turkey_5years_capture_updated-445x480All this happens while the Turkish constitution claims free press is a guarantee. Unfortunately for the Turkish media, the government has pushed through a number of laws that get supported by the courts, all in the name of fighting terrorism.

Press freedom in Turkey has been in a steady decline for the past five years. The latest move by Erdogan is perhaps the most blatant attack on free press.

The highly popular Zaman was taken over by the government when police raided the offices late Friday, March 4. The paper was only barely able to get its last indpendent edition out before the takeover.

Zaman was tied to Erdogan former ally and now political foe Fethullah Gulen. The two had a falling out as Erdogan moved toward a more militant Islamic style government. Gulen — who lives in the United States in self-imposed exile — preaches a tolerant Islam and promotes dialogue among Christianity, Judaism and Islam, the so-called Faiths of the Book.

The latest Freedom House report of political freedom puts Turkey in the PARTLY FREE category, but with a downward trend. It is nestled in with other PARTLY FREE societies such as Zambia, Tanzania and Nicaragua.

Now, why should we, in the United States, care about what goes on in Turkey.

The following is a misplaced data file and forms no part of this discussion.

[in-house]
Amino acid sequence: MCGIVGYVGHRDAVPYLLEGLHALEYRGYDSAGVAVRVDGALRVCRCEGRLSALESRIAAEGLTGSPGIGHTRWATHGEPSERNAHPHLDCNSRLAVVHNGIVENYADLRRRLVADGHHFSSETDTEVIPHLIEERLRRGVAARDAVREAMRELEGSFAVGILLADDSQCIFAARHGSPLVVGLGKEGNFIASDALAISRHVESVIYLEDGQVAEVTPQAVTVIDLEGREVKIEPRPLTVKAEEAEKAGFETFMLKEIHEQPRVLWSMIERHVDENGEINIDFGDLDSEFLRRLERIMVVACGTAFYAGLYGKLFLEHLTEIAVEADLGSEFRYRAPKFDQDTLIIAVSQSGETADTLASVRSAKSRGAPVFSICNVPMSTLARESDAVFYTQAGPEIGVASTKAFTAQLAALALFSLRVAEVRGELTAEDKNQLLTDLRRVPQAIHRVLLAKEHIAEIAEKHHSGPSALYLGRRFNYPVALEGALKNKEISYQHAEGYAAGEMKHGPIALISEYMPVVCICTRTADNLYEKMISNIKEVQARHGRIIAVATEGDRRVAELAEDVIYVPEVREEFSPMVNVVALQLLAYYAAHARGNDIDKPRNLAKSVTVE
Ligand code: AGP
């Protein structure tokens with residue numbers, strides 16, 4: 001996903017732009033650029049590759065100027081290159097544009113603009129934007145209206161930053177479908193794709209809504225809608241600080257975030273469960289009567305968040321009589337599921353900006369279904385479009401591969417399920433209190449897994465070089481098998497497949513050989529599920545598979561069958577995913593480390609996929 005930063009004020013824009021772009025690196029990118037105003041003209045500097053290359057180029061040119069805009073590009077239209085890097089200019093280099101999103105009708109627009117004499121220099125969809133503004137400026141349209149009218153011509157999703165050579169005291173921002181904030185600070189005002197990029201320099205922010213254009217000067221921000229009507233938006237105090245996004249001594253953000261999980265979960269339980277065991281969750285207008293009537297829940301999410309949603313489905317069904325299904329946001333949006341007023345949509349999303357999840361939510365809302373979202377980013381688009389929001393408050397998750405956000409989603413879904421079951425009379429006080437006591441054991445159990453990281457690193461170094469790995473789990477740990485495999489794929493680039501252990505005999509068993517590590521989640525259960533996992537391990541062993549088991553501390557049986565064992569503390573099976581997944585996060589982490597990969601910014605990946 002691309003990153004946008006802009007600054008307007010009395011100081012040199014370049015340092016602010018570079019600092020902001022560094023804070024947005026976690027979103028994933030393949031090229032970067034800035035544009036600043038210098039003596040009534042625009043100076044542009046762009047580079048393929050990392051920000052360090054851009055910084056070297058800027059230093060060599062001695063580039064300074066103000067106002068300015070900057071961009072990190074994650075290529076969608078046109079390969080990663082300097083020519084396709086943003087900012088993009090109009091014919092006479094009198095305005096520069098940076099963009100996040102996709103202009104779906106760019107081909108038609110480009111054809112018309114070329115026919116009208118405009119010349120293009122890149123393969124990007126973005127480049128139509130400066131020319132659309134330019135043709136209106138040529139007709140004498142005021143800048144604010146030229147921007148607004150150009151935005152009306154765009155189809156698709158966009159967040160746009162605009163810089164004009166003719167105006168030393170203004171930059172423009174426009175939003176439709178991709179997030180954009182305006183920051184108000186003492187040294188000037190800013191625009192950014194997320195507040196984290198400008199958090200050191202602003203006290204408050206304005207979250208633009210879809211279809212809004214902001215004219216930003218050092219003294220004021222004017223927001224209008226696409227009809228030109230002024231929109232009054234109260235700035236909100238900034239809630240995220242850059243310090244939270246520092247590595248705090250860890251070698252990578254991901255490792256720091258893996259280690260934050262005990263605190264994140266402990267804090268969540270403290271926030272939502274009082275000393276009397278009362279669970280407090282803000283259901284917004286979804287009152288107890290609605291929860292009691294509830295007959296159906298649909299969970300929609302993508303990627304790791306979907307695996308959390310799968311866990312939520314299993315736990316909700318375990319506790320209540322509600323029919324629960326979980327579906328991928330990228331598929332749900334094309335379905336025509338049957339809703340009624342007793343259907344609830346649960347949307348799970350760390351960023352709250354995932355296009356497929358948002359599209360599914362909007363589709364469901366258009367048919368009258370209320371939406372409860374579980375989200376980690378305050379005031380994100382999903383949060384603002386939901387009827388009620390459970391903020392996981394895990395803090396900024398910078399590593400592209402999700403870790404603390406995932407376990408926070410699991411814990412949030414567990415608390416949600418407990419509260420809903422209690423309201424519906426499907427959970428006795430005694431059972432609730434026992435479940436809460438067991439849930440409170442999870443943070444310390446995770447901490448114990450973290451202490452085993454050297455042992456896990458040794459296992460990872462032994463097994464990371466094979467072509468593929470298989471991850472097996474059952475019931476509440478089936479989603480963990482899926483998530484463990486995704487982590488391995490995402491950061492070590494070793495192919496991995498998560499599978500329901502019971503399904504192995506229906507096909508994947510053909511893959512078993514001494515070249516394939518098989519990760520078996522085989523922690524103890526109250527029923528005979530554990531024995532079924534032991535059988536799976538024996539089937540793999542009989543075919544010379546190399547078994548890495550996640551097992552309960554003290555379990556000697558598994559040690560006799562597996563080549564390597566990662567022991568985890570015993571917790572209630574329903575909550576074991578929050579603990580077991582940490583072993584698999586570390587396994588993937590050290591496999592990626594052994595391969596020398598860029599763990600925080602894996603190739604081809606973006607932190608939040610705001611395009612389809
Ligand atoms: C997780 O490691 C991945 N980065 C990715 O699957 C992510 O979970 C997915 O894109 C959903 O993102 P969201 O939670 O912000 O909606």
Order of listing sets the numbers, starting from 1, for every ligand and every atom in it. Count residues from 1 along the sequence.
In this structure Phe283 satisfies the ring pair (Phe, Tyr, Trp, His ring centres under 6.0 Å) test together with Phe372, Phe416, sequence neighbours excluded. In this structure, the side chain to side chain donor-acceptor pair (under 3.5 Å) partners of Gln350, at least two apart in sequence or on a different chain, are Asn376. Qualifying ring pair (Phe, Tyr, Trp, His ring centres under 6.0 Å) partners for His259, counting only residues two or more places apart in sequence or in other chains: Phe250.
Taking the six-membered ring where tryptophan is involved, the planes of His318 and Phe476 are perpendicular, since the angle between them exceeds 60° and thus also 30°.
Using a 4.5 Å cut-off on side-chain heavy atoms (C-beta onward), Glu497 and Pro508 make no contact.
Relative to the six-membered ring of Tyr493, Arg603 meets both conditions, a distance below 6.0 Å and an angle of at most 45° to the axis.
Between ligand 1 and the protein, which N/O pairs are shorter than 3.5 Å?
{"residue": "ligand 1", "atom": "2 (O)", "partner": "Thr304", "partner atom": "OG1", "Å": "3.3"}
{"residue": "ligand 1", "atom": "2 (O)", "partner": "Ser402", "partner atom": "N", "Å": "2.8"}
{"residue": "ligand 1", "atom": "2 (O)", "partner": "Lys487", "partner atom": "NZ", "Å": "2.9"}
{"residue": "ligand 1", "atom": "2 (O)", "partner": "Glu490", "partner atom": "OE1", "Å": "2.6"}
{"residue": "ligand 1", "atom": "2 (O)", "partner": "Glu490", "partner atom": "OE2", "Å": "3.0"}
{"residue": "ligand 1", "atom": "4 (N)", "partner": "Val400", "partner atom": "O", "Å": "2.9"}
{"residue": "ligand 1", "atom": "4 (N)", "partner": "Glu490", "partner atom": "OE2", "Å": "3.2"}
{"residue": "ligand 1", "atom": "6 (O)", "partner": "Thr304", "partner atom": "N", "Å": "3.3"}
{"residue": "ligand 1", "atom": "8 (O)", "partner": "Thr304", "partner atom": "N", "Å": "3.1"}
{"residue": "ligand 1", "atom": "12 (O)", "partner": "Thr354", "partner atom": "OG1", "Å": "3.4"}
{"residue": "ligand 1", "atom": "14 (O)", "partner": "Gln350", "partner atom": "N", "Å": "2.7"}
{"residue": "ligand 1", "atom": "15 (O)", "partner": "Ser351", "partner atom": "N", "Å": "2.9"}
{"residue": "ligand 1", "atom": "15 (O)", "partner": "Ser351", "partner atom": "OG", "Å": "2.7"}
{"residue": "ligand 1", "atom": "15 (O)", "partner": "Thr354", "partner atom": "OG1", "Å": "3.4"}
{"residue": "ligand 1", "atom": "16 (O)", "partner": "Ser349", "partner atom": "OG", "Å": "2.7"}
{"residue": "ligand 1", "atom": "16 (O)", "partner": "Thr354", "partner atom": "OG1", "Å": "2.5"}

There is the basic humanitarian issue, that people should have political freedom and with it, press freedom. But on a larger issue, Turkey controls the Bosporus Strait. Through this narrow strip of water millions of dollars of goods flow in an out of the Black Sea. If turkey were to take a dislike to a country, it could prevent vessels bound to/from that from passing through.

Then there is the refugee issue. Thousands of Middle East refugees pass through Turkey on their way to Greece and western Europe. The European Union needs help in dealing with this complicated humanitarian issue.

And, Turkey is a member of NATO. It is bound to North America and western Europe by treaty. What Turkey does inside its own borders has a direct impact on U.S. foreign policy — diplomatic and military. It is a vital partner in the fight against ISIS and in dealing with the Syrian civil war.

If the Turkish government shuts down the independent media, then the only way the rest of the world will know what is going on in that country will be what the government wants the world to know. Given the volatility of the region and important role Turkey plays in the area, we need to know as much as possible about not only what the government is thinking but also the reactions of the country’s citizenry.

Articles about the take over of Zaman:

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Turkey arrests 2 journalists

From EuroNews:

Two prominent journalists in Turkey are facing charges of espionage after publishing video that allegedly showed trucks, belonging to the state intelligence agency, carrying ammunition to Syrian militants.

Can Dundar, editor-in-chief of the Cumhuriyet newspaper, and Ankara bureau chief Erdem Gul are also accused of willingly aiding an armed group.

Both have been jailed pending trial.

“We will resist and win. It’s a coup against the press. They keep doing coups against the press. But we are strong, and I want everyone to stay strong,” said Dilek Dundar, Can Dundar’s wife.

Read full story.